When Alexander reached Ecbatana, he sent the Thessalian cavalry and the other Grecian allies back to the sea, paying them the full hire which had been stipulated, and making them an additional donation from himself of 2,000 talents. He issued an order that if any man of his own accord wished still to continue to serve for hire with him, he should enlist; and those who enlisted in his service were not a few. He then ordered Epocillus, son of Polyeides, to conduct the rest down to the sea, taking other cavalry as a guard for them, since the Thessalians sold their horses there. He also sent word to Menes to take upon himself the duty of seeing that they were conveyed in triremes to Euboea, when they arrived at the sea.[5] He instructed Parmenio to deposit the money which was being conveyed from Persis in the citadel at Ecbatana, and to hand it over to the charge of Harpalus;[6] for he had left this man over the money with a guard of 6,000 Macedonians and a few horsemen and light-armed infantry to take care of it. He told Parmenio himself to take the Grecian mercenaries, the Thracians, and all the other horsemen except the Companion cavalry, and march by the land of the Cadusians into Hyrcania. He also sent word to Clitus, the commander of the royal squadron of cavalry, who had been left behind at Susa ill, that when he arrived at Ecbatana from Susa he should take the Macedonians who had been left there in charge of the money, and go in the direction of Parthia, where also he himself intended soon to arrive.


1. This was the principal pass through the Elburz mountains from Media into Hyrcania and Parthia.

2. This was the capital of Media, called in Chaldee Achmetha (Ezra vi. 2). The present city of Hamadan is on the same site. It is situated at the foot of Mount Orontes, and was used by the Persian and Parthian kings as their summer residence. It was surrounded by seven walls, each overtopping the one before it, from the outer to the inner, crowned with battlements of different colours. Its citadel was used as a royal treasury. Below it stood a splendid palace, with silver tiles, and adorned with wainscotings, capitals, and entablatures of gold and silver. These treasures, to the value of 4,000 talents, were coined into money by Antiochus the Great of Syria. See Herodotus, i. 98; Polybius, x. 27.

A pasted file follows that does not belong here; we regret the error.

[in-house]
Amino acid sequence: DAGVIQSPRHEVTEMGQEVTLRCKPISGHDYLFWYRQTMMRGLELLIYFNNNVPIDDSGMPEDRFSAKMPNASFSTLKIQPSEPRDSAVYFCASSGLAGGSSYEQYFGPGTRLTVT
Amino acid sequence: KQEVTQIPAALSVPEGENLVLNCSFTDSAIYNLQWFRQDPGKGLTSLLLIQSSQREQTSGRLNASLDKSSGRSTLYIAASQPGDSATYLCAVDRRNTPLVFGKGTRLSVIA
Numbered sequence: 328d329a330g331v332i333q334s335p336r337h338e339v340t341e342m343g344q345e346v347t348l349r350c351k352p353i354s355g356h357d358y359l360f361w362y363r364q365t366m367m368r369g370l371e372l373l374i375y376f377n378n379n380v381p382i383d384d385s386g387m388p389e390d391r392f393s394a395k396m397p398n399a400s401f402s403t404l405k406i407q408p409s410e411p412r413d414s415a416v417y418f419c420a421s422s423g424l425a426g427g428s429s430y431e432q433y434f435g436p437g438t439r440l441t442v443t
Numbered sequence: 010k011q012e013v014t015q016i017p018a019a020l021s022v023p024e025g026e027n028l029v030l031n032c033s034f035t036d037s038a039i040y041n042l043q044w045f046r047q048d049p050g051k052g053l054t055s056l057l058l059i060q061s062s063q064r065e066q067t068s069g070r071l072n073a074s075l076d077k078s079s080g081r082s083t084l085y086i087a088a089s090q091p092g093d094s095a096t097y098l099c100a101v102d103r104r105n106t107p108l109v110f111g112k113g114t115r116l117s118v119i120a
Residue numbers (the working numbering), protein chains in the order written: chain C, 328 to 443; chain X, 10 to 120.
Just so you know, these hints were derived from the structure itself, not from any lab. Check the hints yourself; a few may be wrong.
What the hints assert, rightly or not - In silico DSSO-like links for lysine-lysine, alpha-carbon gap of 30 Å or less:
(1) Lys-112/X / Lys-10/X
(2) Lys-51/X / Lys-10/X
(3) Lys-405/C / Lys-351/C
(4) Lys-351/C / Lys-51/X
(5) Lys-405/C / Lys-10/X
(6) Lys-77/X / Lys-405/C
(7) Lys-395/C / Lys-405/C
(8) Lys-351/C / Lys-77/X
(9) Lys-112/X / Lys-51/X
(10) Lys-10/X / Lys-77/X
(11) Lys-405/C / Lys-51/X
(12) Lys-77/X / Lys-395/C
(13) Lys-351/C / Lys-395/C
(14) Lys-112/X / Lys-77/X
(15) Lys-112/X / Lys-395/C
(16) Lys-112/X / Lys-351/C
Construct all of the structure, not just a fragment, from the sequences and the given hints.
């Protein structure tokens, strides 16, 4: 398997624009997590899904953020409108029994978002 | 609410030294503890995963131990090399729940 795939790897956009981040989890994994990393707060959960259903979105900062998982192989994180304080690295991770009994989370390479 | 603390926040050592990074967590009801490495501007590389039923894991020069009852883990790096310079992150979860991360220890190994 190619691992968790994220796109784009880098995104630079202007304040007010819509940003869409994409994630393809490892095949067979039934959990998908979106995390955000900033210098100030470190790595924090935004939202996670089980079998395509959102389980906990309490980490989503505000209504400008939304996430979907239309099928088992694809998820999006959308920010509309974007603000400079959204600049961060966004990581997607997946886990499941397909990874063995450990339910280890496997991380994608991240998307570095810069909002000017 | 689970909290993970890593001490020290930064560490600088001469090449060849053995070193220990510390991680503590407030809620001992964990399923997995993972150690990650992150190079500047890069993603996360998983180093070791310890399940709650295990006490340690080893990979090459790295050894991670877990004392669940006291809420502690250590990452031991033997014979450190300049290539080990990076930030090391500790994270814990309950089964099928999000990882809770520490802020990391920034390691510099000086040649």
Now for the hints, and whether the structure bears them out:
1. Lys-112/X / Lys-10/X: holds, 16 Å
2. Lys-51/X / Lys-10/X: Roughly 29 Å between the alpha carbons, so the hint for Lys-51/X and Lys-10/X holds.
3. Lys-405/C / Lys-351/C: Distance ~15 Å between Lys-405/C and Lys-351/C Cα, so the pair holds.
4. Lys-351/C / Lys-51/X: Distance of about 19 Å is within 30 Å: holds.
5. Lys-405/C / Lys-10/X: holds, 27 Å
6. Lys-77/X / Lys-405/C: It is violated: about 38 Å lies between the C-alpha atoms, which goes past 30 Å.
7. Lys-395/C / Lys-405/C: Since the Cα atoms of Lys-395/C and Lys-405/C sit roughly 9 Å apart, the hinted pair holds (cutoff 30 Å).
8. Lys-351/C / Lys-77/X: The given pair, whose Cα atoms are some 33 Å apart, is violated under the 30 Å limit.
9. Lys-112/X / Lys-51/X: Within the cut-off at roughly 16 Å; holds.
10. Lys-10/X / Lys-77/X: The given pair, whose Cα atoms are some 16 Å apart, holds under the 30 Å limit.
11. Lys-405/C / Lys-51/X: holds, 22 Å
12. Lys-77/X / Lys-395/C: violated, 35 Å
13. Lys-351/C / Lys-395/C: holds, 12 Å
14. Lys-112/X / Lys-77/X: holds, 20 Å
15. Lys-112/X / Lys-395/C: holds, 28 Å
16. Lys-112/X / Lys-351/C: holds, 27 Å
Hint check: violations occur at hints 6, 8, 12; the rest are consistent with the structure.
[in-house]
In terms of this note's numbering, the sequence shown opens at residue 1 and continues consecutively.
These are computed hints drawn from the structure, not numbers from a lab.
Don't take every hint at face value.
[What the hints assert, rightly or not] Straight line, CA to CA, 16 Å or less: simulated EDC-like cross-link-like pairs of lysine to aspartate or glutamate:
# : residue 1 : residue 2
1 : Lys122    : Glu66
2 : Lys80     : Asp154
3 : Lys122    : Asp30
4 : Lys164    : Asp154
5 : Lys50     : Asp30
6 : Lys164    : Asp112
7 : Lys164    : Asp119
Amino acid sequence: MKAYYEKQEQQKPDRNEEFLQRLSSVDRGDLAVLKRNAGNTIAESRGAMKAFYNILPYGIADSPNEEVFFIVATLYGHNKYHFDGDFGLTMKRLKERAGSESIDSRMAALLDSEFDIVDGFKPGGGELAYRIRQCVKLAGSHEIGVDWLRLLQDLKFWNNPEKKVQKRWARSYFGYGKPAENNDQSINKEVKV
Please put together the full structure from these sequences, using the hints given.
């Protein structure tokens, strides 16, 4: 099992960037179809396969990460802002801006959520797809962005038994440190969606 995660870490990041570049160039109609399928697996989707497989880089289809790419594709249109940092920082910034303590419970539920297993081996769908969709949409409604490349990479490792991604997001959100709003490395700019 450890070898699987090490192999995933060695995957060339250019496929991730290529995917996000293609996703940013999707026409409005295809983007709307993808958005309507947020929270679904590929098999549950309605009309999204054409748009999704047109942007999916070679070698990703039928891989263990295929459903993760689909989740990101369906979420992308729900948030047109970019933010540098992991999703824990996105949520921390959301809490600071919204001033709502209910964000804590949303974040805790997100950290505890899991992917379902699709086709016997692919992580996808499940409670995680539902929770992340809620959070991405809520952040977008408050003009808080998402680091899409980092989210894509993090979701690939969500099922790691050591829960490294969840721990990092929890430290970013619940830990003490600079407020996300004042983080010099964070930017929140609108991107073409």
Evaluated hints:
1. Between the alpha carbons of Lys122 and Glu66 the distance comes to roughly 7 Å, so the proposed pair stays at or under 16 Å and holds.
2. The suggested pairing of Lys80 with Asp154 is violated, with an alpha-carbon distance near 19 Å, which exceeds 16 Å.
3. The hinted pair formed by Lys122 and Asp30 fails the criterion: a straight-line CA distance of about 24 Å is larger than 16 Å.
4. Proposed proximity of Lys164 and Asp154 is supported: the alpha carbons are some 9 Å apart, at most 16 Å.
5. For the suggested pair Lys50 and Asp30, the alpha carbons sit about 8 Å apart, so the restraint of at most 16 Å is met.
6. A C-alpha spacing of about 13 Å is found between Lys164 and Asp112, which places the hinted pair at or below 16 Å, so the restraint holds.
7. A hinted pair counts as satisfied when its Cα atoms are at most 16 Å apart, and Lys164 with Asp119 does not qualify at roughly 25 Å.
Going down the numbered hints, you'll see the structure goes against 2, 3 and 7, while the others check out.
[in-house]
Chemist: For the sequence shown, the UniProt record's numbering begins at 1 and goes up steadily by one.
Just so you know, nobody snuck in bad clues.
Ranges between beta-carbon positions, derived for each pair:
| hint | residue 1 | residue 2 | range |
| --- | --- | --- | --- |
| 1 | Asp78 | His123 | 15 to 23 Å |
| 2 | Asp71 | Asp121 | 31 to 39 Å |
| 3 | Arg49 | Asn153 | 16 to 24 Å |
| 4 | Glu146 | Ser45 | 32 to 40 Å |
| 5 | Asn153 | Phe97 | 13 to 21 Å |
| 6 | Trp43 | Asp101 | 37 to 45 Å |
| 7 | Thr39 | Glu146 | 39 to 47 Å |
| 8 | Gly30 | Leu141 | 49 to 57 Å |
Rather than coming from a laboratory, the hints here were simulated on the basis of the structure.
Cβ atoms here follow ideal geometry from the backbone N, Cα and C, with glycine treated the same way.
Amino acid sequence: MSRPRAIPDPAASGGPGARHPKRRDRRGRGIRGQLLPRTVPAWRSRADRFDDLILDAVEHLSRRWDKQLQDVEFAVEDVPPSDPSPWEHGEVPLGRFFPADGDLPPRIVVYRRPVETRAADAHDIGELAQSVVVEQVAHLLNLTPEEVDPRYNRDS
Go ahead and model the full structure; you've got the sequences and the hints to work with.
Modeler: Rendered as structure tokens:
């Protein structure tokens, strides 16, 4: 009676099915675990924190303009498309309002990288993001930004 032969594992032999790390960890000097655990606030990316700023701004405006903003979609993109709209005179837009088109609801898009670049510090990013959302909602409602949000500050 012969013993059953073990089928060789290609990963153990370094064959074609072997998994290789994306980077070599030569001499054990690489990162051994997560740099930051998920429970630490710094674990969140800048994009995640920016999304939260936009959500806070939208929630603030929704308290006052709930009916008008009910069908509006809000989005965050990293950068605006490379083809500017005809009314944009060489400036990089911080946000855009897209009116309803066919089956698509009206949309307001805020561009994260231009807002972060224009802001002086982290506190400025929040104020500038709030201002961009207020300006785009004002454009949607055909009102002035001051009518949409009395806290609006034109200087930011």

3. This tribe lived in the mountains between Media and Persis.

4. £1,700,000.

5. Curtius (v. 23) says that 6,000 Grecian mercenaries under Plato the Athenian met Alexander in Media, having marched up from Cilicia.

6. Diodorus (xvii. 80) says that the amount of treasure deposited at Ecbatana was 180,000 talents or £41,400,000.

p.179-181

पृथा से परथिया

परथिया - ईरान का हरा-भरा देश ‘परथिया’ कहलाता है, जो कि अपभ्रंश है पृथा का। महाराणी कुन्ती के तीन नाम प्रसिद्ध थे - मायके का नाम ‘पृथा’, पांचाल देश के राजा कौन्त की पोष्य-पुत्री होने से ‘कुन्ती’ और देवहूती मंत्र जानने से ‘देवहूती’। इसीलिए ईरानी लोग पृथा की जन्मभूमि अर्थात् मायके को ‘परथिया’ और देवहूत को ‘हुमा’ कहते हैं, जो कि अपभ्रंश और लघुरूप है ‘देवहूती’ का (देखो हिस्टोरिकल लीजेन्ड्स आफ़ पर्शिया बाई जौन विल्सन डी० डी० एम० आर० ए० एस०)।